These are three good Bible words, and as such they should be used to describe Bible ideas, not human theological additions to biblical authority.
Many would make the three identical, but any Greek lexicon (dictionary) will make it clear that each of these words has a distinct and different meaning; to attempt to merge the three is confusion—and God is not the Author of confusion (I Corinthians 14:33).
The term "family," as with the human family, surely refers to all who are born in a certain status. As all of the first Adam's descendants have his nature, so all of the last Adam's seed will be part of His family. As Jesus said, "Ye must be born again," John 3:7. If the first birth was physical, natural, the second must be spiritual; born of water (physical) to be lost, born of Spirit (spiritual) to be saved. Thus we have multitudes of family members whom we have never met, yet in both families the image of the original is still recognizable. We know we are descendants of Adam and not of one of the apes or other creatures because we bear the stamp of the earth, earthy. The saved know we are in the new creation, the family of God, because we bear the stamp of the heavenly. Compare I Corinthians 15:42-49.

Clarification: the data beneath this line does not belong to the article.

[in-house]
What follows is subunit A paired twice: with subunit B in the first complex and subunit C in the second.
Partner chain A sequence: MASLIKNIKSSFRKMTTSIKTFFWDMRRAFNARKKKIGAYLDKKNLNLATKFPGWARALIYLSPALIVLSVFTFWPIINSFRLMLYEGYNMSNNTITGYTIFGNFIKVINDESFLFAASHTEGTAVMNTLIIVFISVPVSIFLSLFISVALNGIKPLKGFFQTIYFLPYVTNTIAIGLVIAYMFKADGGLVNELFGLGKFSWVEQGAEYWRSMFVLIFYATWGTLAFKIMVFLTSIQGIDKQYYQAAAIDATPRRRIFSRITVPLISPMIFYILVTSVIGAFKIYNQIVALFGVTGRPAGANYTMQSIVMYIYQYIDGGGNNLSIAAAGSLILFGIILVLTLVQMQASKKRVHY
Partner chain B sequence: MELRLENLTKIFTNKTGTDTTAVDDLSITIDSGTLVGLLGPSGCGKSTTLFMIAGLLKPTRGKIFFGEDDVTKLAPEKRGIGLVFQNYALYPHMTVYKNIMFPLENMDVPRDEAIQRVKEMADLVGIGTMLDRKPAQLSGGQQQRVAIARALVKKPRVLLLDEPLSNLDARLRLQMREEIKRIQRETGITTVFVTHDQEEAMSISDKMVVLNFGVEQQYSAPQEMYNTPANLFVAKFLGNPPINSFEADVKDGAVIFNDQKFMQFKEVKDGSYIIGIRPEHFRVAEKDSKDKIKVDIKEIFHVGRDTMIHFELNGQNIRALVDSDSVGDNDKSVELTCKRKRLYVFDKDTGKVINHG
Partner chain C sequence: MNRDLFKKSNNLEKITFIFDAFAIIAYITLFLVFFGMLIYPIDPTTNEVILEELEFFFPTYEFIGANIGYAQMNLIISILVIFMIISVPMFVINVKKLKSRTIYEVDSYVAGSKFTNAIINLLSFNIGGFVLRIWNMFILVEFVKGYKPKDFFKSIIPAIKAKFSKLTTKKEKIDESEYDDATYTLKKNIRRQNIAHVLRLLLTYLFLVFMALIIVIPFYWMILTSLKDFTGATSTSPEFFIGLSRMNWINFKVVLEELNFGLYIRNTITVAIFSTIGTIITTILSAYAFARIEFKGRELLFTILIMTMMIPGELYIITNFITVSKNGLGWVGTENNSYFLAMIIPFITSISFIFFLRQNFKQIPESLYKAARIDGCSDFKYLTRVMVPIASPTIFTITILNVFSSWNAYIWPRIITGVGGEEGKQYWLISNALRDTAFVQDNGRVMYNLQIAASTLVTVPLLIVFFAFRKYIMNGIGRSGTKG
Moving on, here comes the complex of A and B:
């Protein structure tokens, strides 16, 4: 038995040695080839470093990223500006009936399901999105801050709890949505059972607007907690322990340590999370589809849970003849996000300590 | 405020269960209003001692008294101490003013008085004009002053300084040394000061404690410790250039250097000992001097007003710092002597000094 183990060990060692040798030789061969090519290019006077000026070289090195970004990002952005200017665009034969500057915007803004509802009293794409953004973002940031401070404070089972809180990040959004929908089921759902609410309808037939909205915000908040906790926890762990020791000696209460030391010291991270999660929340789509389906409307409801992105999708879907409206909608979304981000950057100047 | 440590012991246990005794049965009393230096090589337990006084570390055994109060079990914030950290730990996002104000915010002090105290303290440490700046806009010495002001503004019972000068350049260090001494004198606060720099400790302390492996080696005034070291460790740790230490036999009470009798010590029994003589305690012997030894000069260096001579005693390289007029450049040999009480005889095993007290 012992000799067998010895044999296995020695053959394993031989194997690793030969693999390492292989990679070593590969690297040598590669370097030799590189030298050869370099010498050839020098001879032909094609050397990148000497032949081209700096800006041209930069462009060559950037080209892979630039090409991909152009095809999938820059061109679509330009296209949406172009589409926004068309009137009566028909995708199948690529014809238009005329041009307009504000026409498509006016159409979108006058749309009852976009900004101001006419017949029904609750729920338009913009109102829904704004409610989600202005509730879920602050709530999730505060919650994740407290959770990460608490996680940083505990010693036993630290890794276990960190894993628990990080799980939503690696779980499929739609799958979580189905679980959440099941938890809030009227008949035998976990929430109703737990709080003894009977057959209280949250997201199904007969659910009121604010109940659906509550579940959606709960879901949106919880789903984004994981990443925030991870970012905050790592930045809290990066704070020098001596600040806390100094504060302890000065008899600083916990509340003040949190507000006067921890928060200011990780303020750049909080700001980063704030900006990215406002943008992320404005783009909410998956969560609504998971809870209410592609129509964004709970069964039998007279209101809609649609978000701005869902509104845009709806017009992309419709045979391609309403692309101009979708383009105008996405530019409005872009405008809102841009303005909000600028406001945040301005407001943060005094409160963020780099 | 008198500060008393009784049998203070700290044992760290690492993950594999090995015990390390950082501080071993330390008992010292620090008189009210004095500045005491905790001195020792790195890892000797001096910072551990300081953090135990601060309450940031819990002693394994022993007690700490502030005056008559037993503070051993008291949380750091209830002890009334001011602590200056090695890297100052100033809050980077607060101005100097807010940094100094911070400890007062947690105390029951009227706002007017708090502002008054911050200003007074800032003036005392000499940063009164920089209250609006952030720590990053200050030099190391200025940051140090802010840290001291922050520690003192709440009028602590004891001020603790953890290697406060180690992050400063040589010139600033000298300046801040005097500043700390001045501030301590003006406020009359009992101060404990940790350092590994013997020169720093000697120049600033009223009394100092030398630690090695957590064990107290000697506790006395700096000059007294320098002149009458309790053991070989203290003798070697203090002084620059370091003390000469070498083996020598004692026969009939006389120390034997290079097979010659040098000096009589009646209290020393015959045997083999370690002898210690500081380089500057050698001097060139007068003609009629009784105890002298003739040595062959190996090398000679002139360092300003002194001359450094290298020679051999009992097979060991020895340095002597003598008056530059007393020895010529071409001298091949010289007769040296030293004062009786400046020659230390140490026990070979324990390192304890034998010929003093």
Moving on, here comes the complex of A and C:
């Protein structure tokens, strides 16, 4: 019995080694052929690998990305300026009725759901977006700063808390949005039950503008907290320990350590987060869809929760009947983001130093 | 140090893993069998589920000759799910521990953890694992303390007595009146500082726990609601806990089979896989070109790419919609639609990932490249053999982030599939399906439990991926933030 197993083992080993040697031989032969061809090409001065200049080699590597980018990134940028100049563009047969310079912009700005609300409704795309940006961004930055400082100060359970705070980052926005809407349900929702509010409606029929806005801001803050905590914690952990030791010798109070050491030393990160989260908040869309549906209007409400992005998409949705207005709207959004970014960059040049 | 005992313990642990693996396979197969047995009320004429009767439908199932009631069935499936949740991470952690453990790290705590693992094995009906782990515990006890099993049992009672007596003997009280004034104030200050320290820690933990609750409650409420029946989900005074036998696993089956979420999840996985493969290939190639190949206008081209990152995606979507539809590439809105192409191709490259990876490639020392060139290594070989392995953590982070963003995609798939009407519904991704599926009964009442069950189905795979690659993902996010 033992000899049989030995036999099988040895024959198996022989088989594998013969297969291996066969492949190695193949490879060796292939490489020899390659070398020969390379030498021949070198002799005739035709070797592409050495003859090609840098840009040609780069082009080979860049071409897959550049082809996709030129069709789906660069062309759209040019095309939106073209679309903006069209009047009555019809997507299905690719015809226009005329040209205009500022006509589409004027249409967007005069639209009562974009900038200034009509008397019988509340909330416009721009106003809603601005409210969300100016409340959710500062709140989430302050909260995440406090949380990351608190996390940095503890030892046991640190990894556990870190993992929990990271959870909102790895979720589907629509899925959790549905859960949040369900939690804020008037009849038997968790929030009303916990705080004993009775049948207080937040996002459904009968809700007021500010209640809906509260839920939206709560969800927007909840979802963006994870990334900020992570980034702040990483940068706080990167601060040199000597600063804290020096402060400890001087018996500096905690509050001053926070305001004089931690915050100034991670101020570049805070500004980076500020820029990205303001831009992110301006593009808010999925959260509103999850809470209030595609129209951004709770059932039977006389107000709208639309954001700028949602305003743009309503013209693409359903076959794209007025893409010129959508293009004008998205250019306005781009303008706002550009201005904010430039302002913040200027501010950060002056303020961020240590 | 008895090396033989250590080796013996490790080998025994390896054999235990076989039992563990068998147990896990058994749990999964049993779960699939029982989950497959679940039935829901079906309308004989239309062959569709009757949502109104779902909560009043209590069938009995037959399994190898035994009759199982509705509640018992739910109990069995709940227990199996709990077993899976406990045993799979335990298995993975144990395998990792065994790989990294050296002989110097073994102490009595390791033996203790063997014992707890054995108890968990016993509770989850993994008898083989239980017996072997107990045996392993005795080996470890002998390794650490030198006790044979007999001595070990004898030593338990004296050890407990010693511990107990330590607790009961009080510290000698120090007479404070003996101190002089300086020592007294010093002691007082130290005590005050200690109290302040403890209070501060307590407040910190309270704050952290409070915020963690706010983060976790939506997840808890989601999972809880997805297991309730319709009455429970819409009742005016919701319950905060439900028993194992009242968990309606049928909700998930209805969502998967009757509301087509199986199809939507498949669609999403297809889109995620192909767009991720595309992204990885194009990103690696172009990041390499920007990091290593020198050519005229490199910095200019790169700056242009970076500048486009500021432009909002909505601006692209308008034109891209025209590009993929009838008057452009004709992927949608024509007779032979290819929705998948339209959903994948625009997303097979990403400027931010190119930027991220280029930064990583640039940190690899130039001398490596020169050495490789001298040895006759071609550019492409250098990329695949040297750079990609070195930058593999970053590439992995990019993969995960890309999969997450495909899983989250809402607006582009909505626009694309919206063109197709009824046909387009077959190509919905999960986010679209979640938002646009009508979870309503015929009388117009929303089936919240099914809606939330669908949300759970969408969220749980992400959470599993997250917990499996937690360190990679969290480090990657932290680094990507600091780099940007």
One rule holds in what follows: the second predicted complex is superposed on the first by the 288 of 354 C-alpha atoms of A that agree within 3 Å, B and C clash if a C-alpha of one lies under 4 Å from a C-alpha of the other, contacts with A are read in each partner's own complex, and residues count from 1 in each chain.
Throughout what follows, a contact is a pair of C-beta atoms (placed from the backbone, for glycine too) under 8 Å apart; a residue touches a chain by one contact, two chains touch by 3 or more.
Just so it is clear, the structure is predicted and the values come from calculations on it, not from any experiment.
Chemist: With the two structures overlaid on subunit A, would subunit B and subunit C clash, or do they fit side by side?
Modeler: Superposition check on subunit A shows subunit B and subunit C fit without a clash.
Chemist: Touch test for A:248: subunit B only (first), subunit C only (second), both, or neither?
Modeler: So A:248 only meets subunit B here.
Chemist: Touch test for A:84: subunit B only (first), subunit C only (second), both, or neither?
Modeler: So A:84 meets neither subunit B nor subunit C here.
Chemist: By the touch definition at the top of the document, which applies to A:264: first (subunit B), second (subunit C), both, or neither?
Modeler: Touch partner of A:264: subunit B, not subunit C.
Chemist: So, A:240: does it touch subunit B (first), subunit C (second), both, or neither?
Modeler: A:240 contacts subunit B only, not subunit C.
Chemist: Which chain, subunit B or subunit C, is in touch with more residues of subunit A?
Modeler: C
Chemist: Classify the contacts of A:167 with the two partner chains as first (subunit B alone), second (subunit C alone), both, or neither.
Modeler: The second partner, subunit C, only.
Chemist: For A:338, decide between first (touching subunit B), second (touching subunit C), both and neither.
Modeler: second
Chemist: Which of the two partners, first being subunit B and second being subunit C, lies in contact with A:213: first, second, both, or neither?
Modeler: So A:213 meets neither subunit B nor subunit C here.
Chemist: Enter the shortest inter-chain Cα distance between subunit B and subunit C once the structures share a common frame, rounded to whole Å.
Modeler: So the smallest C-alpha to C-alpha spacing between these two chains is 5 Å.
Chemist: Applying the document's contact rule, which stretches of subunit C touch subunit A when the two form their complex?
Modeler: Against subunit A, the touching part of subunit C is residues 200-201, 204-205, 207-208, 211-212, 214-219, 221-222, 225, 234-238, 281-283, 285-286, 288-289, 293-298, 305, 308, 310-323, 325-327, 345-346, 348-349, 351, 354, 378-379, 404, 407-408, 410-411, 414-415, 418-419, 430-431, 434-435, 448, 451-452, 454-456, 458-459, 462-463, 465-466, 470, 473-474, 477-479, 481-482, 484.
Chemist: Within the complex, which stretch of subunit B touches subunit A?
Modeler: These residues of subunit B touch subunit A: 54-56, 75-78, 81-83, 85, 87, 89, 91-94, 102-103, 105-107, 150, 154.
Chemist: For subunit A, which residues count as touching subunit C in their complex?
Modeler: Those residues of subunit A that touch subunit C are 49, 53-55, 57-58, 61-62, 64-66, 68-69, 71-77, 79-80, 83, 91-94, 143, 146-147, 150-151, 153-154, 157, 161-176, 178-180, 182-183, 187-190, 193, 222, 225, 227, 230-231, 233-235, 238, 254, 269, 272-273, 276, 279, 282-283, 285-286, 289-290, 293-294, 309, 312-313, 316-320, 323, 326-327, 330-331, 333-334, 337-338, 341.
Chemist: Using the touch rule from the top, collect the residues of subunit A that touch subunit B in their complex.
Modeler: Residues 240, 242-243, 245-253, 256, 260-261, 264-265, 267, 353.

While there is less general agreement on the scope of the word "Kingdom," it is recognized that there was a kingdom of Israel, sometimes viewed as the Old Testament Kingdom of God. Jesus used that idea as He set them aside, Matthew 21:43. In keeping with the analogy of an earthly family and a heavenly family, it seems clear that national Israel was God's earthly kingdom until the time of Christ, but since that time the Kingdom of Heaven (spiritual) is preached. As those born in national Israel were considered an earthly kingdom by circumcision (8 days after birth), is it not reasonable to consider those born into spiritual Israel as a spiritual Kingdom marked by the obedience of baptism after their new birth? While not all will accept this formulation, surely all will agree that the Kingdom is the Realm where the King reigns, and where His word is law which we are to obey.
Possibly the most controversial of the three words is "ecclesia," usually translated "church" in most versions. The original idea is "assembly" or "congregation." Many would see this word as referring to all the saved, or all the saved who have received proper baptism, or to all the saved who believe a certain body of doctrine. But why can we not use this good term to refer, as Jesus normally did in using it, to local, visible bodies of scripturally baptized believers, belonging to Him, with His Headship, and the inner motive power of the Holy Spirit to fill and control them?
Thus we are born into the Family of God (John 3:7), translated into the Kingdom of God (Colossians 1:13), and after baptism added to a Church of the Living God, (Acts 2:41,47; I Timothy 3:15). The three overlap, but each is a unique entity with a unique purpose.
[R. Charles Blair is a Baptist pastor. Document provided by Ben Stratton. Formatted by Jim Duvall.]
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